Track Review: Darkside – “Gone Too Soon”


By Zachary Kaczmarek

Yesterday, the duo comprised of guitarist Dave Harrington and electronic mastermind Nicholas Jaar known as Darkside, tweeted that their run as Darkside is “coming to an end, for now”. But on the bright side the duo leaves us with two unreleased tracks as a parting gift – “Gone Too Soon” and “What They Say”.

The former is a delight which gradually forms with a repetitive funktastic bass line, Jaar’s low key vocals,  and layers upon layers of sound that naturally fall into place. Harrington breaks in around the two minute mark with his spine chilling, reverb-entrenched riffs that take the track to psychedelic places as the glitchy samples and hand drum rhythms keep everything bolted down and steady. It’s a perfect summation of Darkside’s wide reaching boundaries and their  vision to move beyond dance or experimental electronics in doses that ranged from a two or three minutes to eleven-minute electronic gold like “Golden Arrow”.

As Harrington’s fill chords fill the air and ring out, there is a strong desire for the track to continue on and never reach that fade to silence. Although the track – and this chapter of their partnership – may have ended too soon as the title suggests, it does so on the highest of notes and without ever touching the ground or wearing out its (their) welcome.  Gone too soon? The answer is a resounding yes, but if their tweet is to be taken to heart, we’ll all be waiting patiently for their return.



Album Review: FKA twigs – LP1

FKA-twigs-LP1FKA twigs


Release Date: August 12, 2014

Score: 10.0

By Zachary Kaczmarek

Tahliah Barnett may have only surfaced and risen to the top of every music blog’s watch list- under the moniker FKA Twigs – within the past two years, but her minimalist, celestial R&B creations sound like the work of a mind that has been perfecting and molding this craft for years. Prior to the attention she received for her self-released EP1 and the slick, Arca-produced EP2, Barnett was backing up the likes of Jessie J and Ed Sheeran in music videos as a dancer and simply wading through the backgrounds of someone else’s dream. But as both her EPs proved, Barnett was without a doubt the smartest person in the room at any one of those video shoots.

LP1, twigs’ long-awaited debut, has slowly built up momentum on the basis of EP2 tracks “Water Me”, “Papi Pacify”, and “How’s That”, where vibrant, glitchy beats served as the backbone for airy spaciousness that delivers sensual undertones in a massive chamber of sounds. Equally as impassioned as the brief glimpses into her world that were both EPs, LP1 carefully stretches the tension from the opening of the masterfully layered “Preface” until Barnett’s angelic whisper fades to black one last time on the finale, “Kicks”. Initially it’s difficult to imagine the mixed bag of soft, nimble synthesizers and tight coiled rumbles of bass sustaining their cloudy, dream-like allure for an entire record without the occasional yawn-inducing moment or struggle to give each track a unique identity, yet within her deceptively limited scope of influences there are an abundance of nuances and diverse electronic samples that have a distinct personality of their own and allow Barnett to adjust her light, hypnotic vocals accordingly.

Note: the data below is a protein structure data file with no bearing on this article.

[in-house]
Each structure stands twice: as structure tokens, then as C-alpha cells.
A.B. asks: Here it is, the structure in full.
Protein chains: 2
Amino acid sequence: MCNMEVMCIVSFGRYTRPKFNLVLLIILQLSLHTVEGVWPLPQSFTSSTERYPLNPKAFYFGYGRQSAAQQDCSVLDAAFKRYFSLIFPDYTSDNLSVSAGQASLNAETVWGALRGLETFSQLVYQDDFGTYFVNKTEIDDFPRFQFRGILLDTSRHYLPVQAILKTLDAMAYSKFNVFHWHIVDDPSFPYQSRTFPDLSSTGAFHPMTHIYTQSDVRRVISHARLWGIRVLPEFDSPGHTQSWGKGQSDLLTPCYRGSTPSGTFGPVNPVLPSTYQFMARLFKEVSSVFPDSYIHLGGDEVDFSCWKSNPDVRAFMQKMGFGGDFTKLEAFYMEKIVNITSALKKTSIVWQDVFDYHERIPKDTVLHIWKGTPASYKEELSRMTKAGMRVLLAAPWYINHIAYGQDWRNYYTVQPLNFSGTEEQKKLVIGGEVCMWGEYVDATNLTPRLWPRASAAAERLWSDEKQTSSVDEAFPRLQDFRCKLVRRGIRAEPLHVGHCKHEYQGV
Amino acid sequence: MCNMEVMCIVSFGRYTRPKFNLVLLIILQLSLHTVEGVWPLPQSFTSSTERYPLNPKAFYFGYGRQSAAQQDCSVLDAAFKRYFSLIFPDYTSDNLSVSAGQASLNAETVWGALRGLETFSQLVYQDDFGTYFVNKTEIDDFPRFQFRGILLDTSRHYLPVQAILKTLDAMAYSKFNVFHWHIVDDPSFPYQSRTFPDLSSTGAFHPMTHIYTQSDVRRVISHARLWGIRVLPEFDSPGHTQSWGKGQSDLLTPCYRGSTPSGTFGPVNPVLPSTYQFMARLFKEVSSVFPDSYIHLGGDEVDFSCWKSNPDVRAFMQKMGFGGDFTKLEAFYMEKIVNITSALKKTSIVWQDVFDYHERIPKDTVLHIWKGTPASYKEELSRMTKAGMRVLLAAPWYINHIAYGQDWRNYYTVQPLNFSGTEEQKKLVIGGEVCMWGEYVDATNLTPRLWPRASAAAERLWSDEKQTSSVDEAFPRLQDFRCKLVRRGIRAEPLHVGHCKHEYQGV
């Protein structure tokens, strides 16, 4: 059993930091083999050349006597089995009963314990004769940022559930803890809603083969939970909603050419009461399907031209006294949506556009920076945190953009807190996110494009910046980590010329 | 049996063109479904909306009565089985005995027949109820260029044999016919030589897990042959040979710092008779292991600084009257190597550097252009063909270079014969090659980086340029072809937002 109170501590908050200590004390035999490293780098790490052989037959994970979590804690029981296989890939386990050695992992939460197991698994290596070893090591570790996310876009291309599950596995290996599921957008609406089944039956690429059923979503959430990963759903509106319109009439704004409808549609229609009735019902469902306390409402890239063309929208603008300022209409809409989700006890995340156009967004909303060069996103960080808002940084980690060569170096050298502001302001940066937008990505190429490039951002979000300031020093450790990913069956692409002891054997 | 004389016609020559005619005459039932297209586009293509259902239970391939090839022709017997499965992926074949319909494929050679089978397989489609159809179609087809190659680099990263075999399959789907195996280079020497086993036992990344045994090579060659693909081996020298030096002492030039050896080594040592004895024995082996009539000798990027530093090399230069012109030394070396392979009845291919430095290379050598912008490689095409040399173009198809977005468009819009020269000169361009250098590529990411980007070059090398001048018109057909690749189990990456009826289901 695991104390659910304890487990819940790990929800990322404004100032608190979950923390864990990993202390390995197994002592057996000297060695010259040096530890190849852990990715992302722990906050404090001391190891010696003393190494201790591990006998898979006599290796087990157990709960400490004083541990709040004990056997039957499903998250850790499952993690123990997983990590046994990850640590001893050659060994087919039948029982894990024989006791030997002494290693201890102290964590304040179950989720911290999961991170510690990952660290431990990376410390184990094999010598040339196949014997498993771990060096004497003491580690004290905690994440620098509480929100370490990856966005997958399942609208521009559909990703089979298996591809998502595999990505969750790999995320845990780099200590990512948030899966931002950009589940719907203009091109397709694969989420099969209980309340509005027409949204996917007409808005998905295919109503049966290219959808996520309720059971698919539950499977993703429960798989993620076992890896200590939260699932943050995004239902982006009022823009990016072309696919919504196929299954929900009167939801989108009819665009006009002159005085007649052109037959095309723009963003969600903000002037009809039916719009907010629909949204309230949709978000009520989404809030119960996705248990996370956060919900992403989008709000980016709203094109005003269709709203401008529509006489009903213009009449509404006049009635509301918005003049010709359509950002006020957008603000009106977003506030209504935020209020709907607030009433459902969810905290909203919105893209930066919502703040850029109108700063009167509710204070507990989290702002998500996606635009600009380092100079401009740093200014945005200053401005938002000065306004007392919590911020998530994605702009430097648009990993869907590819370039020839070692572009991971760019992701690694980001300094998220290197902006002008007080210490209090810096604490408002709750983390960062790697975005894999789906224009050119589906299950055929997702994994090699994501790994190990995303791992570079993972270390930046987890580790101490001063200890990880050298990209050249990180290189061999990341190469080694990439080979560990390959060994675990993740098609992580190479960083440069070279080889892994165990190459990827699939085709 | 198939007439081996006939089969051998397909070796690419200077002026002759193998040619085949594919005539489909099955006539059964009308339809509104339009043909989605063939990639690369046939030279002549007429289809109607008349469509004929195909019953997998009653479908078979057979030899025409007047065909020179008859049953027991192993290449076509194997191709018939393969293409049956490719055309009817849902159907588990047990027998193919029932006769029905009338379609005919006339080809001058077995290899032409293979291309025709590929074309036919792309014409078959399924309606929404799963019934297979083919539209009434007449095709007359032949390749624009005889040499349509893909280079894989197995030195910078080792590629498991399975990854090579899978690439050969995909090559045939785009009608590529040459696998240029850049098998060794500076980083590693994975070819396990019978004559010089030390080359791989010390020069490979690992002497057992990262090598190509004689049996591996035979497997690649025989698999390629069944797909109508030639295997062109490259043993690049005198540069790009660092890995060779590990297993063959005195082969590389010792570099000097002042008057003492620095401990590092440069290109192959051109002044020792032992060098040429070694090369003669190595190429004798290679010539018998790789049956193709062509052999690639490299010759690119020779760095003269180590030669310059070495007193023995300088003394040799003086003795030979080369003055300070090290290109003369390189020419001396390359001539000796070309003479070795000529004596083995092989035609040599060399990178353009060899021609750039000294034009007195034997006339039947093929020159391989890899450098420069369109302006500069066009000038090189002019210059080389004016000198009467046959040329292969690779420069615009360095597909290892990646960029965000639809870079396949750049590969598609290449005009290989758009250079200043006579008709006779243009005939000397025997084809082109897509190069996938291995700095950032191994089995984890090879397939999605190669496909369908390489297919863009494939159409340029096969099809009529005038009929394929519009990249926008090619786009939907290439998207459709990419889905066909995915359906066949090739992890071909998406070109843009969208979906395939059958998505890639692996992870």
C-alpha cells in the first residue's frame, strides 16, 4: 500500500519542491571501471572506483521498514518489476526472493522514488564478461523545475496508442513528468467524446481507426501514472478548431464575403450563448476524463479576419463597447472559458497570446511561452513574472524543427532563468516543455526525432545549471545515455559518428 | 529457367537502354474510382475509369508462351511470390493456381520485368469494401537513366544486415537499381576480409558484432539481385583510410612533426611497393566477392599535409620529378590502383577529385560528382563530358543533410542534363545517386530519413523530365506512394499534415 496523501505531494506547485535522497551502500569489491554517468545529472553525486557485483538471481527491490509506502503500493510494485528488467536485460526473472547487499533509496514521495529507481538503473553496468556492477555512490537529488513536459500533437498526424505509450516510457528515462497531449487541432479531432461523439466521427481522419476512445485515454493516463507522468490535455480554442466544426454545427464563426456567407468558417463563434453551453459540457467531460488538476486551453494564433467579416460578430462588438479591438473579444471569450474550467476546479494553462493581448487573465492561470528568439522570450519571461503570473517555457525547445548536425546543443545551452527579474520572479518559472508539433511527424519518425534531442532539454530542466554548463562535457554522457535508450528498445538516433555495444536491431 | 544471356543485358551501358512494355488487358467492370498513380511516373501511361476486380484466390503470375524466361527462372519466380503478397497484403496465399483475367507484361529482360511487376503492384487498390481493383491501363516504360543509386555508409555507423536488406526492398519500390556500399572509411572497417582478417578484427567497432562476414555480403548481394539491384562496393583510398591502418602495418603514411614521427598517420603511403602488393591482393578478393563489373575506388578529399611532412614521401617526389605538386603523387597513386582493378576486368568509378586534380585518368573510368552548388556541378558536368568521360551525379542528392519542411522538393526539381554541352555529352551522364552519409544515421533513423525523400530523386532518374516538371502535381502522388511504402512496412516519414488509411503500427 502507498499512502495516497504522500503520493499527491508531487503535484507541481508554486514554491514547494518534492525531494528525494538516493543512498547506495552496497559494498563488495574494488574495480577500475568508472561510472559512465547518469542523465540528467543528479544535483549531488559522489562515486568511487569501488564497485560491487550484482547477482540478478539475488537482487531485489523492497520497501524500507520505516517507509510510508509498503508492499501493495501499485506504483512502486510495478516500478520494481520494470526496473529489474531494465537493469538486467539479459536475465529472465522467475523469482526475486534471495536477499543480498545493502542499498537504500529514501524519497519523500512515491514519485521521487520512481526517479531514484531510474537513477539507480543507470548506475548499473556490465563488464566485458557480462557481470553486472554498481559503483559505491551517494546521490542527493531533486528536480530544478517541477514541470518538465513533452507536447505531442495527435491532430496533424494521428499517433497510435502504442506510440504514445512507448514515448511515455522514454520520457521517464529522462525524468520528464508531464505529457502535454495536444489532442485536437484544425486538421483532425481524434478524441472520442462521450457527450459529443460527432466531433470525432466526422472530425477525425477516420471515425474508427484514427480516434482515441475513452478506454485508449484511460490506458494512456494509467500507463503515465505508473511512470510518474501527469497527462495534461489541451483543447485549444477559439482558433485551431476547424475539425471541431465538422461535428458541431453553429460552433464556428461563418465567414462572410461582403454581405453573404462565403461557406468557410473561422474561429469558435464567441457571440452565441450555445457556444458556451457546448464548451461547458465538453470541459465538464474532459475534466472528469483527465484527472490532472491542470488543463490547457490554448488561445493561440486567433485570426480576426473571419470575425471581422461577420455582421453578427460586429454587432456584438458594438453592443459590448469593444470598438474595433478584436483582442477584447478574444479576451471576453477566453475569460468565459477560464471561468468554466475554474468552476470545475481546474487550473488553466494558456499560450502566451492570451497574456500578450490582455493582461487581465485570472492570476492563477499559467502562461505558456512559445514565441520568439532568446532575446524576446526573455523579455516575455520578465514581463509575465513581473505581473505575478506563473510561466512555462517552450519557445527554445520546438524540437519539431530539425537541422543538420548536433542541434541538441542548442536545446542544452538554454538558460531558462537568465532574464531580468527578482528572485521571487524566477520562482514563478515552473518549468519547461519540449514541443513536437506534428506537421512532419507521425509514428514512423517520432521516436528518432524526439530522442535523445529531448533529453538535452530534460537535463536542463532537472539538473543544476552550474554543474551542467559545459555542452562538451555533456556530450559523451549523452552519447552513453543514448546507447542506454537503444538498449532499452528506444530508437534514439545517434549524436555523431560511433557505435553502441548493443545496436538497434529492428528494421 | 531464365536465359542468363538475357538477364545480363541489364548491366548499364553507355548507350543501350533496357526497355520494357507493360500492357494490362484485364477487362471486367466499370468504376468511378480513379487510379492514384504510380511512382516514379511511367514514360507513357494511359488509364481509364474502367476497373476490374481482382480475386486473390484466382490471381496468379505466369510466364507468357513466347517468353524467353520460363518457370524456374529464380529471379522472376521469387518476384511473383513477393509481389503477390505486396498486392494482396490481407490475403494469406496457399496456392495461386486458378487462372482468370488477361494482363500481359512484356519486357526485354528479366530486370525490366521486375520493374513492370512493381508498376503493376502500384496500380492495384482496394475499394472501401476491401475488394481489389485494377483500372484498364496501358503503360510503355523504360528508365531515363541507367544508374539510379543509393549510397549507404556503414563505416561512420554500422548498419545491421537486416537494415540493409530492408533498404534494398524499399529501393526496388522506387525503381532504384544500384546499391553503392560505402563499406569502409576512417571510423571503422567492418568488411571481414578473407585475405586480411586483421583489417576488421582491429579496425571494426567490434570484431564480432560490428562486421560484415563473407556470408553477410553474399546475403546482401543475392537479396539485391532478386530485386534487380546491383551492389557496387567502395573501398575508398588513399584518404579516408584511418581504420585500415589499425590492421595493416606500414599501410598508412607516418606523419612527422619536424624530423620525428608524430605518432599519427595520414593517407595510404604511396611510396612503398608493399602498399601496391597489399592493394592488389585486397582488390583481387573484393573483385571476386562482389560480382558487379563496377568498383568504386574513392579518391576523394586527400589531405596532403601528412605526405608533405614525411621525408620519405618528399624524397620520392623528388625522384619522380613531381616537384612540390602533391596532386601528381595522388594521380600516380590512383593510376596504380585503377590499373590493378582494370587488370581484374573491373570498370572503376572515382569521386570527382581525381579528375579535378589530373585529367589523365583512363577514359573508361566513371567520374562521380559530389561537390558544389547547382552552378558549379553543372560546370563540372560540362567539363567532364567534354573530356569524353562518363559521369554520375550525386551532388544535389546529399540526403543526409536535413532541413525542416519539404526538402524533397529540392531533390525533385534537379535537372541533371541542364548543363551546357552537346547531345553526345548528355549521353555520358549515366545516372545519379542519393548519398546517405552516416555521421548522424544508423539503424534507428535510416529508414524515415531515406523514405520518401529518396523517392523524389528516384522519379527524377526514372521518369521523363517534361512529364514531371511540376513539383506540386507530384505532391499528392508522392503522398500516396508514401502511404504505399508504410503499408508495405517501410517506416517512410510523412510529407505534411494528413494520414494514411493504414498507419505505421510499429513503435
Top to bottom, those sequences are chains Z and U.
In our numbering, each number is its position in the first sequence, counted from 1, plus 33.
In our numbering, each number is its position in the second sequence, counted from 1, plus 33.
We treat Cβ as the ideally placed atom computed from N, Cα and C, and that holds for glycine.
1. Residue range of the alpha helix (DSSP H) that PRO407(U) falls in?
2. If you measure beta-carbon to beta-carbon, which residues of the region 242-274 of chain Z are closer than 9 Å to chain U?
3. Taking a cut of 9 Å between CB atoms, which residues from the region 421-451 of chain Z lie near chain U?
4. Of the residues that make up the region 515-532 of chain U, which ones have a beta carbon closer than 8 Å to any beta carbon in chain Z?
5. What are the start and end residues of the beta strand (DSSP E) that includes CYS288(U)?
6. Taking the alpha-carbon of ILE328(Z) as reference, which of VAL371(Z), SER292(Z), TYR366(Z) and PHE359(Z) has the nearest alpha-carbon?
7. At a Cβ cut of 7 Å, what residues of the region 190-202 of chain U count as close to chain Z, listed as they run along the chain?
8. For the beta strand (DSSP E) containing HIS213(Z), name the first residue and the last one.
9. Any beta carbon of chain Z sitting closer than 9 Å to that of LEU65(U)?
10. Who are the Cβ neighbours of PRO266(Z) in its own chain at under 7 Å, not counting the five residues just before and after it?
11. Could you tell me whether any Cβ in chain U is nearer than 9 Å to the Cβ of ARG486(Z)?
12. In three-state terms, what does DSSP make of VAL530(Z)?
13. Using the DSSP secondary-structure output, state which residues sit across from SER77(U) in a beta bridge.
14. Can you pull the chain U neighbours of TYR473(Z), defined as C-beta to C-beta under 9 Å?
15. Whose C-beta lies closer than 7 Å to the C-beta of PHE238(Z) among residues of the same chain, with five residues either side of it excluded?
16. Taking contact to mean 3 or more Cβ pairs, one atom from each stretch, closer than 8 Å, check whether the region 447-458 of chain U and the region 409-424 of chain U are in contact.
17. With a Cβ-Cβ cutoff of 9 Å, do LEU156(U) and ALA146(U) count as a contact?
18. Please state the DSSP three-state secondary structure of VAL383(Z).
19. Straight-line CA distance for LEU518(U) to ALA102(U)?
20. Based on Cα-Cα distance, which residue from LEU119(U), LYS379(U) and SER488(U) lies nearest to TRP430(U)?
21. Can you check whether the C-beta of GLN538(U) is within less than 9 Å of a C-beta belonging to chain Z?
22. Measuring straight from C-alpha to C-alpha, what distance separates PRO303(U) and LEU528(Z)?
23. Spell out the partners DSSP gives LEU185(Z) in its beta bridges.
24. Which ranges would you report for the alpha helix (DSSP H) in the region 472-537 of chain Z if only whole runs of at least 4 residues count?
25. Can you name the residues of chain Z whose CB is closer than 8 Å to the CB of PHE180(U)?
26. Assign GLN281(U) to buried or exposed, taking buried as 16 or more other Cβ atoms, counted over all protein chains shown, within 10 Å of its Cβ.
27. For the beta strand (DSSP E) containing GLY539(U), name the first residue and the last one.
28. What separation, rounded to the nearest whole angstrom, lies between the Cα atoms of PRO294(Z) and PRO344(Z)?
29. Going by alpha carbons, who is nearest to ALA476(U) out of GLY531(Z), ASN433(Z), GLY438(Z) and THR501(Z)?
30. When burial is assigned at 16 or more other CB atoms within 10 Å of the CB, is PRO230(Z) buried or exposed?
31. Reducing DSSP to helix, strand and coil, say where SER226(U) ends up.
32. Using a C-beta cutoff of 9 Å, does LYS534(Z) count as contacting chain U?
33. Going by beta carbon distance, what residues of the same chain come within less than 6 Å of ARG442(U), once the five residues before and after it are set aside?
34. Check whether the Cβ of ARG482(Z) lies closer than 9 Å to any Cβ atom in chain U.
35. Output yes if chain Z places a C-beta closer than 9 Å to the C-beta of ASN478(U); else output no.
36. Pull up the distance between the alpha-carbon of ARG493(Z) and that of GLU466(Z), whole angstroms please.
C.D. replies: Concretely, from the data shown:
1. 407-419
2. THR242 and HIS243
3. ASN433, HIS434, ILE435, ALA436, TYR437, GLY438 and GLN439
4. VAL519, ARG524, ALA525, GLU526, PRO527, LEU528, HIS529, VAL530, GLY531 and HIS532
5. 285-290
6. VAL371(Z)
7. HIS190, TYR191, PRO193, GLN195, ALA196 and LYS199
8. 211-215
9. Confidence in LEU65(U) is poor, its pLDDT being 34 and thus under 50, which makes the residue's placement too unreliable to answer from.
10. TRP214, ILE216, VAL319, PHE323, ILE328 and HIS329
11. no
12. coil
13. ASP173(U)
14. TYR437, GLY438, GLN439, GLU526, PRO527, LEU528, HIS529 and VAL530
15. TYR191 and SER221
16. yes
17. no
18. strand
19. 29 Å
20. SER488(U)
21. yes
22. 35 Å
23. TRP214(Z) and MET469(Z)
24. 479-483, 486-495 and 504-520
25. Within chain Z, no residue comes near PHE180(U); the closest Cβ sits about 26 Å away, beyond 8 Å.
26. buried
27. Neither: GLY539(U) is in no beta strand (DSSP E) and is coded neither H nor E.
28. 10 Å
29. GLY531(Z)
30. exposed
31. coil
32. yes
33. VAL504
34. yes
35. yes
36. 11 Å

The lyricism and the directness that Barnett sings with slice through a forest of cluttered trap arrangements and strike with a pure innocence that is magnetic. “Lights On”, despite its erotic nature, views love and trust through a wide-eyed gaze and is incredibly soothing and beautiful without resorting to the cheesy, sexualized imagery that modern day pop rests on. “I shy away in my mind/In the hopes that I could share this place with you”, “Cause the man that you are is defined/By the way you act in the light”, she sings in the opening verse, setting up a chorus line – “When I trust you we can do it with the lights on” – that bears the weight of such a tense subject as the layered click-clack percussion and weaving bass line intensify her words. It truly is a difficult art to master – concisely touching down on locked-away desires that are typical suited for low-key ballads and attacking with such fervor and excitement – but FKA twigs sultry in-your-face method of bearing her soul is truly one of a kind.